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Internet Has Changed Business
To change is to make different. The Internet has definitely changed the way business is done. Business is no longer a 9 to 5 operation. Blue laws have been virtually erased from the books. Holidays are now optional. Like all change, some aspects of change are better; some aspects are worse. Where will the Internet ultimately lead businesses and society in general? To a whole new world!
Commercial businesses have had new doors open up for them. Small shops, including "mom and pop" shops, are now able to compete with larger companies. To sell tangible goods, one must have a place from which to vend. Before, everyone needed a storefront. With a storefront came electric bills, phone bills, heat bills, trash bills, water bills plus the rent or mortgage! In addition to those expenses, there was also stock, employees and advertising. The Internet has also opened up the floodgates -- forget doors -- for thousands of people to have a side business out of their basement or garage. Various magazines for women tell stories of women who make a comfortable living selling things on eBay. Ebay even allows people and small businesses to advertise their link off the auction site.
Forty percent of small businesses have their own Web sites, up from just over a quarter last year, and that 70% now have Internet access, up from 57% last year, according to the 19th annual Dun & Bradstreet Small-Business Survey, which was conducted in early 2000.
The D&B survey also shows that small businesses owned by women were more likely to have Internet access than their male-owned counterparts (67% vs. 63%). Another interesting item the survey found was that minority-owned businesses also use the Web to conduct business research more often than do other businesses (64% vs. 54%).
These statistics at first glance indicate that corporate America still remains the old white boys club. Women and minorities function better online because they get shut out on the street. Online selling is not quite as personal.
Corporate business used to have to wait for the U.S. Postal Service or a courier to deliver documents from one location to another. Today, we simply email the document back and forth!
Not only does this save time and money but also earth's resources. For example, the insurance markets in London, cut their office costs by ten percent. Even more amazingly, they cut their paper processes by over 30%.
Corporations are also finding that the Internet provides easy fast access to their employees worldwide. Email has become the new form of communication. Instead of playing phone tag, we now "e" each other.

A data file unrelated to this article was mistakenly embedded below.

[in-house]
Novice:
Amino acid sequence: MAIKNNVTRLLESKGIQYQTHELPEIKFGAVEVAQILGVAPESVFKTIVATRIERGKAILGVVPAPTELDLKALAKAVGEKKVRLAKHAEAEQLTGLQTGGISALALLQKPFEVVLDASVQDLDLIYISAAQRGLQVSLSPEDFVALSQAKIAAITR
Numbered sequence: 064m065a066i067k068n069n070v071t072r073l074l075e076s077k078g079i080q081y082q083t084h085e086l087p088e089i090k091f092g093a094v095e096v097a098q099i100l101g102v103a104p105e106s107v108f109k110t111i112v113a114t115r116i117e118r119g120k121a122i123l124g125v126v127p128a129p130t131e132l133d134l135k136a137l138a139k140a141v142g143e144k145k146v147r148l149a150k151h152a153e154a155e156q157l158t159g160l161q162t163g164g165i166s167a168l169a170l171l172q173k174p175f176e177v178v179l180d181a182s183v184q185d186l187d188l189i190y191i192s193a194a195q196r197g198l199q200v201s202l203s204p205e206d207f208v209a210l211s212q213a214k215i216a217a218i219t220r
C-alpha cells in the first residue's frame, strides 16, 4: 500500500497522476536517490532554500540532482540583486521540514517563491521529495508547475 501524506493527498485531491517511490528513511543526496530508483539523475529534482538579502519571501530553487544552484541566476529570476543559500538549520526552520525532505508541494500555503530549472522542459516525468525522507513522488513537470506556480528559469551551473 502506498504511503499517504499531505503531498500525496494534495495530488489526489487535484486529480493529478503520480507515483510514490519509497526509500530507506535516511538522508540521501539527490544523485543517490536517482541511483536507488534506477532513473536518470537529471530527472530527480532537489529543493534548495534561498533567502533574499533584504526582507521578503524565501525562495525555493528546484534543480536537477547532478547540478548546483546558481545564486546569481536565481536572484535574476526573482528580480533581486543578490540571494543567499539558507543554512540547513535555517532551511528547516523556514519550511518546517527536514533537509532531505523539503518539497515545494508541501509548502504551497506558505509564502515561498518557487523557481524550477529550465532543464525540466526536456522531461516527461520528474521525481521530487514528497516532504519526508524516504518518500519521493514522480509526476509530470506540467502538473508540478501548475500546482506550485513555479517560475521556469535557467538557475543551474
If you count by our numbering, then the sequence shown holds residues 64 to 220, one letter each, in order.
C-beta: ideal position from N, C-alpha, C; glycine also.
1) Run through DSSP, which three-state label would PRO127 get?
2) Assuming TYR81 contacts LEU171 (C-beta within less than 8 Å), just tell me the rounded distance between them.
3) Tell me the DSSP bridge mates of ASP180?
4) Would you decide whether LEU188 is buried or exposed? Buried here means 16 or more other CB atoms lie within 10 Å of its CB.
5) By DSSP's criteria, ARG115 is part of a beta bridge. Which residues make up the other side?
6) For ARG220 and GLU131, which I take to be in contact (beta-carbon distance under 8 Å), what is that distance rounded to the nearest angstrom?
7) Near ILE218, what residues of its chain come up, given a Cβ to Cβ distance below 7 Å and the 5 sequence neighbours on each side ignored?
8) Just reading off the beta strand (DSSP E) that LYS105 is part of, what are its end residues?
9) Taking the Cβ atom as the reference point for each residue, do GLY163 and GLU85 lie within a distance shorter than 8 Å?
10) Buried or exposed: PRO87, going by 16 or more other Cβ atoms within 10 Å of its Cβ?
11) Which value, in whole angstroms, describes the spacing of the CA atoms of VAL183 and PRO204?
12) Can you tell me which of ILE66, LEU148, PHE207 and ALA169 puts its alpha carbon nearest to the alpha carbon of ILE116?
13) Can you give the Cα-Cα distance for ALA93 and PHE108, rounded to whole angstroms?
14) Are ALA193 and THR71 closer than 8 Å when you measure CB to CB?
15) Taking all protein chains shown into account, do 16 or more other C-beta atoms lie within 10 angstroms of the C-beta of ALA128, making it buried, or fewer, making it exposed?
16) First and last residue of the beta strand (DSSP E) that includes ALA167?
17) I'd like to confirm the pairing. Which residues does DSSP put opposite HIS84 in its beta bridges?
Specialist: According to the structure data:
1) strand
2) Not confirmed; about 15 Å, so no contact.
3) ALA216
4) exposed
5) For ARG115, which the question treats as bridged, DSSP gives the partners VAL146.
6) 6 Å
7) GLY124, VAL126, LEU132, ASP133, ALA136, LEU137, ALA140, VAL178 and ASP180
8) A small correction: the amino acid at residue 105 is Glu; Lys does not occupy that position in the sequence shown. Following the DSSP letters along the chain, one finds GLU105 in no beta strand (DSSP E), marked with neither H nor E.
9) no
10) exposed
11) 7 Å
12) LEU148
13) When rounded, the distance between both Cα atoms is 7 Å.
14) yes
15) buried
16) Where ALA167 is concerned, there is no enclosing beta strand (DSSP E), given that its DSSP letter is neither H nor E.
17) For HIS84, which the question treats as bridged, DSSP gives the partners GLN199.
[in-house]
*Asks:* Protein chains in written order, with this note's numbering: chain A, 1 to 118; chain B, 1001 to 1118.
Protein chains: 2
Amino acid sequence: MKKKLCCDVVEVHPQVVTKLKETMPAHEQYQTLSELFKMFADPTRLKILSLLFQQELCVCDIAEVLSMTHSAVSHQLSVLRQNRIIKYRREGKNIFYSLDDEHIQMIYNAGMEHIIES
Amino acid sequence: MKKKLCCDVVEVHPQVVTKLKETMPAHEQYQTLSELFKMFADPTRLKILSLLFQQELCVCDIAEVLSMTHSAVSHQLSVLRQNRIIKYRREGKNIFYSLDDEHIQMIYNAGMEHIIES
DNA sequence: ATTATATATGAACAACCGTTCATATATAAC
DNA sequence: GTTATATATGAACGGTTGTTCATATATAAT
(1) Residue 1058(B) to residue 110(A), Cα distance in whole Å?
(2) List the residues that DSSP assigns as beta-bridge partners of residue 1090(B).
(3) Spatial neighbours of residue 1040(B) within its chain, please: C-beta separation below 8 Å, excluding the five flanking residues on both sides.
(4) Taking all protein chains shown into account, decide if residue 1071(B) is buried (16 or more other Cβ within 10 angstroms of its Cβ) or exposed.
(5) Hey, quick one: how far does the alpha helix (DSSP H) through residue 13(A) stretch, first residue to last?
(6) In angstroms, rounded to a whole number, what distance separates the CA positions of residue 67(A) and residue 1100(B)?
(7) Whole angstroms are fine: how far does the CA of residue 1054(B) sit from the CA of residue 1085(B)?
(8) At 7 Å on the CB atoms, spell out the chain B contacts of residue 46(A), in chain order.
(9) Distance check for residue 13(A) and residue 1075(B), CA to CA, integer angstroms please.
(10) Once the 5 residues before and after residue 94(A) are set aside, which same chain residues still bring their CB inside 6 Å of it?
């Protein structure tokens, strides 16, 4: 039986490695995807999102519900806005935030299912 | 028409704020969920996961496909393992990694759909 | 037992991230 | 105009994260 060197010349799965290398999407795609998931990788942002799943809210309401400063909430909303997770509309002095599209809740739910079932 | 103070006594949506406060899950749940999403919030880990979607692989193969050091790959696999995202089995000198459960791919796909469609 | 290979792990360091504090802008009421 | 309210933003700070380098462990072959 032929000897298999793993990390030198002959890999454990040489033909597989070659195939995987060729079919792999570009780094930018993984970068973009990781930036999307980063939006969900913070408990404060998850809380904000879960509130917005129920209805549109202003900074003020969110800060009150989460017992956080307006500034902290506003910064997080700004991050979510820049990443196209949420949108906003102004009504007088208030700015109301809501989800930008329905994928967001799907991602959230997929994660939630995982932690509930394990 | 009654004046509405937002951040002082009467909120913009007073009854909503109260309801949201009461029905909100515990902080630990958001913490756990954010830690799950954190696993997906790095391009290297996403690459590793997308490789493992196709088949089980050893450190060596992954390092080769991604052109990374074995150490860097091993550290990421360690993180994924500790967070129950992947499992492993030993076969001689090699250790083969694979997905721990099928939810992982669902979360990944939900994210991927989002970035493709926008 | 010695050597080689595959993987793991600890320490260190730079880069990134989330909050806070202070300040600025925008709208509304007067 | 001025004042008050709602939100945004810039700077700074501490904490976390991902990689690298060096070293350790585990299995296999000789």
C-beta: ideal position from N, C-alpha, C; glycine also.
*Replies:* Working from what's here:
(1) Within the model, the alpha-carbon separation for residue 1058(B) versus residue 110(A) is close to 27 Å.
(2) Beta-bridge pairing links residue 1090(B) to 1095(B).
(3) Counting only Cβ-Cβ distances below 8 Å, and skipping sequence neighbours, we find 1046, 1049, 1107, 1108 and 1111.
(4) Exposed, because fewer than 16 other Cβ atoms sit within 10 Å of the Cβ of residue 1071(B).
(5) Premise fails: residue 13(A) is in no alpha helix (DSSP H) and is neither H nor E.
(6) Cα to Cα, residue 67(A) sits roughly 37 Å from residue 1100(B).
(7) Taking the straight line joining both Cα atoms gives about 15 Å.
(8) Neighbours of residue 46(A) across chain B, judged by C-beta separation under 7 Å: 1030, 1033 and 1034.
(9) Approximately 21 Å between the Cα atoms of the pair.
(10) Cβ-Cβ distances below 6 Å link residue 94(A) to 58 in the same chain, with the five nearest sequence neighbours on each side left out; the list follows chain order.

Business decisions are made over the web. A recent study, based on a survey of about 1,000 business decision-makers, found that a majority -- 60% -- said the Web is the best way for advertisers to reach them. Magazines and newspapers followed at 55% and 45% respectively, while television came in just about 30%.
The production end of business is reaping the benefits as well. Timex Corporation is now using a web-based collaboration tool and has seen positive results. The corporation has managed to cut their product development cycles by up to 40%.
Over half of the respondents said they have increased their web usage this past year.
Companies involved with various research projects can share documentation via the web. Through email and shared documents or networks, researchers in two different parts of the world could actually work together on one single project.
One reason business on the Internet has jumped is simply the obvious. Individual usage has increased. Individuals do more business on the Internet than ever imagined. We shop on the Internet. We bank on the Internet. We play the stock market on the Internet. The Internet has everything anyone could ever want from anywhere. Almost makes it sound like a poem by e. e. cummings!
This summer alone, online purchases raised 14%, according to comSource Networks, Inc.
Gian Fulgoni, comSources' chairman, estimates that online spending this year will total about $85 billion. That figure does include travel expenses, for those consumers who like to purchase e-tickets.
Ebay and Amazon.com made online shopping popular. Eventually even traditional retailers began to use the Internet to hawk their goods in addition to the more traditional forms…[continue]
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